Chris Bohjalian on his timely thriller "The Red Lotus"

Seira Wilson on March 05, 2020

 Chris Bohjalian, photo byVictoria Blewer

One of our editors' picks for the best mysteries and thrillers of March is Chris Bohjalian's The Red Lotus. I read an advanced copy of this book several weeks ago, and was chilled by the fictional prospect of a pandemic--and here we are today, with everything turned upside down by COVID-19.

TheRedLotus_essay.jpgThe Red Lotus begins with a young couple, Alexis and Austin, on an idyllic biking vacation in Vietnam that goes horribly wrong when Austin goes missing. A web of lies is uncovered bit by bit, and the narrative shifts between different players, giving the reader more perspective but also dangling new questions to puzzle over, right up to the end.

Part mystery, part medical thriller, The Red Lotus is also about human behavior and those who dedicate themselves to saving lives and those who are willing to risk the lives of others for cold hard cash.

We asked Bohjalian about the origins of his novel, given that he wrote it long before COVID-19 hit the global radar. Rats and the discovery of the plague bacteria in present day subways figure in the story and also in what led the author to write it, as you'll read below.


We haven’t gone a day the last six weeks without another unsettling story about the coronavirus–Covid-19–and the reality of a world in the midst of a pandemic.  It’s hard to believe that as recently as a month ago, China thought the epidemic could be contained.  Nope.  It exists on every continent except the Antarctic and people have died from it in dozens of countries.  Thousands of people.  The virus spreads like the flu: through coughs and sneezes, as well as via touch, and it seems that a person can share it before evidencing any symptoms.

And so the dire predictions of pandemics and plagues are not mere clickbait on the Internet. 

But my new novel, The Red Lotus, obviously had its origins long before we were quarantining passengers on cruise ships (spectacularly misguided cruelty, in hindsight), closing schools, or hoping that a face mask would keep us safe while traveling.  The book began growing – think a pathogen in a petri dish – back in 2018.  In April and May of that year, the New York Times and the New York Post ran articles with headlines that, if you’re a novelist, can only be called promising.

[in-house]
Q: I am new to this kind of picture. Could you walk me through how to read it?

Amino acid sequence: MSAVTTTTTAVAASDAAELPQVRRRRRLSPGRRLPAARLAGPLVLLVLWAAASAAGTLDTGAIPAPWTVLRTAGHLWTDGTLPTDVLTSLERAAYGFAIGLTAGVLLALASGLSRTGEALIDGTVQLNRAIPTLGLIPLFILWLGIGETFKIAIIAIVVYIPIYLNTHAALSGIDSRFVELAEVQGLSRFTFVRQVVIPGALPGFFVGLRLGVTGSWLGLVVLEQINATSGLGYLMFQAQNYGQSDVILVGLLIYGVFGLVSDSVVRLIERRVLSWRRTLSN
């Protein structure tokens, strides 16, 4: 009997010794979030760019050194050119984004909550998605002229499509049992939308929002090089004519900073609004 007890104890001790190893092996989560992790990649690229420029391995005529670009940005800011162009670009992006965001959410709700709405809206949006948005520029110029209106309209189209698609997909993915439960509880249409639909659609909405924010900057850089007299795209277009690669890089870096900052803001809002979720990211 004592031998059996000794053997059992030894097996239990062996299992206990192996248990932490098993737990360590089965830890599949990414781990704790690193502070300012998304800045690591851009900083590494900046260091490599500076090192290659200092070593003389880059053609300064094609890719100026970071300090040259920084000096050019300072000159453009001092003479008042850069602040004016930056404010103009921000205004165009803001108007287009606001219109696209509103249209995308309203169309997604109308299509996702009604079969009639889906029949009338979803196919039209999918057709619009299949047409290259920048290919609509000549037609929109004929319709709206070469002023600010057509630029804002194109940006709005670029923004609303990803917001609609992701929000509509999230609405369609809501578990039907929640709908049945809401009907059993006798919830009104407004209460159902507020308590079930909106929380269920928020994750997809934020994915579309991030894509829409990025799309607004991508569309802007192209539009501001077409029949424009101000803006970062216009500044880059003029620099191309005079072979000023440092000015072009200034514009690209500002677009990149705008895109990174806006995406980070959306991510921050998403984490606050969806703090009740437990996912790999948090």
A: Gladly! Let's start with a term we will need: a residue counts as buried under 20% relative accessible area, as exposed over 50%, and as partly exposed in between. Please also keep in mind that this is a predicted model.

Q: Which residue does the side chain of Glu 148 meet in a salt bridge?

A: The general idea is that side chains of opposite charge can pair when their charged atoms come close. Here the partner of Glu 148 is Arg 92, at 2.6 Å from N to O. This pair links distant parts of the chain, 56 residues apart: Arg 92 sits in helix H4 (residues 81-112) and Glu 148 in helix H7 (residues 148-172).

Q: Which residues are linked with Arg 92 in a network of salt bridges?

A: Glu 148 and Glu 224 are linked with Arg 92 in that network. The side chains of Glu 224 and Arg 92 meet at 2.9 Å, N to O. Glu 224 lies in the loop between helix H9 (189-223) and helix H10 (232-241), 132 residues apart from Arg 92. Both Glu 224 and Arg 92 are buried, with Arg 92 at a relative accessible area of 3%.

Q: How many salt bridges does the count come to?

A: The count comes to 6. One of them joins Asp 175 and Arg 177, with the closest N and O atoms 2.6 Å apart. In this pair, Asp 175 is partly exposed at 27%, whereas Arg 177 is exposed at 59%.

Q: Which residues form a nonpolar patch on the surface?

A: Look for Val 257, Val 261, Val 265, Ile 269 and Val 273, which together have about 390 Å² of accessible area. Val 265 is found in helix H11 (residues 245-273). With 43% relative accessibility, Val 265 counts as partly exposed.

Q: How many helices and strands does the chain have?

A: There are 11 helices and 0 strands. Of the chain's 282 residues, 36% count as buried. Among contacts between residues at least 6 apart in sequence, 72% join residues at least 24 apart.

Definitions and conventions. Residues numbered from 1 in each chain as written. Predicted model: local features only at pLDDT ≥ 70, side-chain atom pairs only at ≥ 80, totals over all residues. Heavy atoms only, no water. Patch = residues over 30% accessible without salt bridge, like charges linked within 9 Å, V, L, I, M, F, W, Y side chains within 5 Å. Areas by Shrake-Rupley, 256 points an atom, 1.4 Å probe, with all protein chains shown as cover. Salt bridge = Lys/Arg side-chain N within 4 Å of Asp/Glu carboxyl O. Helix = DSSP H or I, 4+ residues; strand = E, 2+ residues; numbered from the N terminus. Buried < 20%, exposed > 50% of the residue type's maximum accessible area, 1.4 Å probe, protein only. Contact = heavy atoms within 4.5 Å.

“New York Mice Are Crawling With Dangerous Bacteria and Viruses,” the Times reported, and the thrust of the story was chilling: New York City mice carry all kinds of bacteria and viruses, many of which scientists had never seen before, and some of which are – and these were the two words that interested me the most – antibiotic-resistant. 

Meanwhile, the Post informed us with righteous tabloid outrage, “These are the most rat-infested apartment buildings in NYC,” and outed by address the buildings with the most complaints about rodents.

Now, I must admit, I don’t view The Red Lotus as a book about rats.  There really aren’t many scenes with them.  It’s also worth noting that there are humans in the novel who do things far more disturbing than a rat ever would.  I actually found some rat traits rather endearing, such as the fact they have a palate that resembles mine: we both eat like six-year-olds when the opportunity permits, dining on mashed potatoes or mac and cheese.  Moreover, most of the rats who have cameos in the book aren’t dumpster rats or subway rats or even pizza rats.  (Remember him?)  They’re lab rats.  

That article in the New York Times quoted Dr. Peter Daszak, the President of EcoHealth Alliance, a nonprofit group that researches emerging diseases.  “New York is a major at-risk place for pathogens.  We’re certainly on the front line for emerging diseases,” Daszak told the reporter.  And so I called him up to discuss research very generally and rats a little more specifically, and suddenly we were talking about the plague – not as a shorthand for anything dire we wanted to avoid, but the actual Black Death that killed as much as a third of Europe in the late Middle Ages and Renaissance.  The bacteria Yersinia pestis.  He told me that swabs of it had been found in the New York City subways.  During its march across Europe between the fourteenth and the seventeenth century, the bacteria was carried by fleas which, in turn, were carried by rats. 

Daszak, it was clear in even our brief conversation, is among the smartest people I have ever spoken with.  And so when he told me that the idea of a deadly pathogen that was antimicrobial-resistant worried him, I knew I was on to something as a novelist.  I went to a hospital laboratory to learn about the work that scientists do with viruses and bacteria and. . .rodents.  The way that scientists might take modified stem cells and inject them into an embryo to silence or “knock out” a specific gene, an early step in creating a “knockout mouse.”  Or the way they introduce a gene by “knock in.”   This is among the ways they learn about the links between a particular gene and a particular disease. 

And I was off and running on a thriller about a bike tour gone bad and, yes, the plague.  An American man disappears biking on a rural road in Vietnam and his girlfriend, an ER doctor, follows a path that leads her home to the very hospital where they met.  The story was massive amounts of fun to research, because I am an avid bicyclist, but it was also frequently terrifying when I learned about how a pathogen becomes a pandemic – which, it seemed to me, was a good sign when I was writing. 

But the most frightening element of the novel?  Never the rats.  Not even the disease. 

The people I was creating scared me far more – which, if you’re writing a thriller, is the best sign of all.

-- Chris Bohjalian

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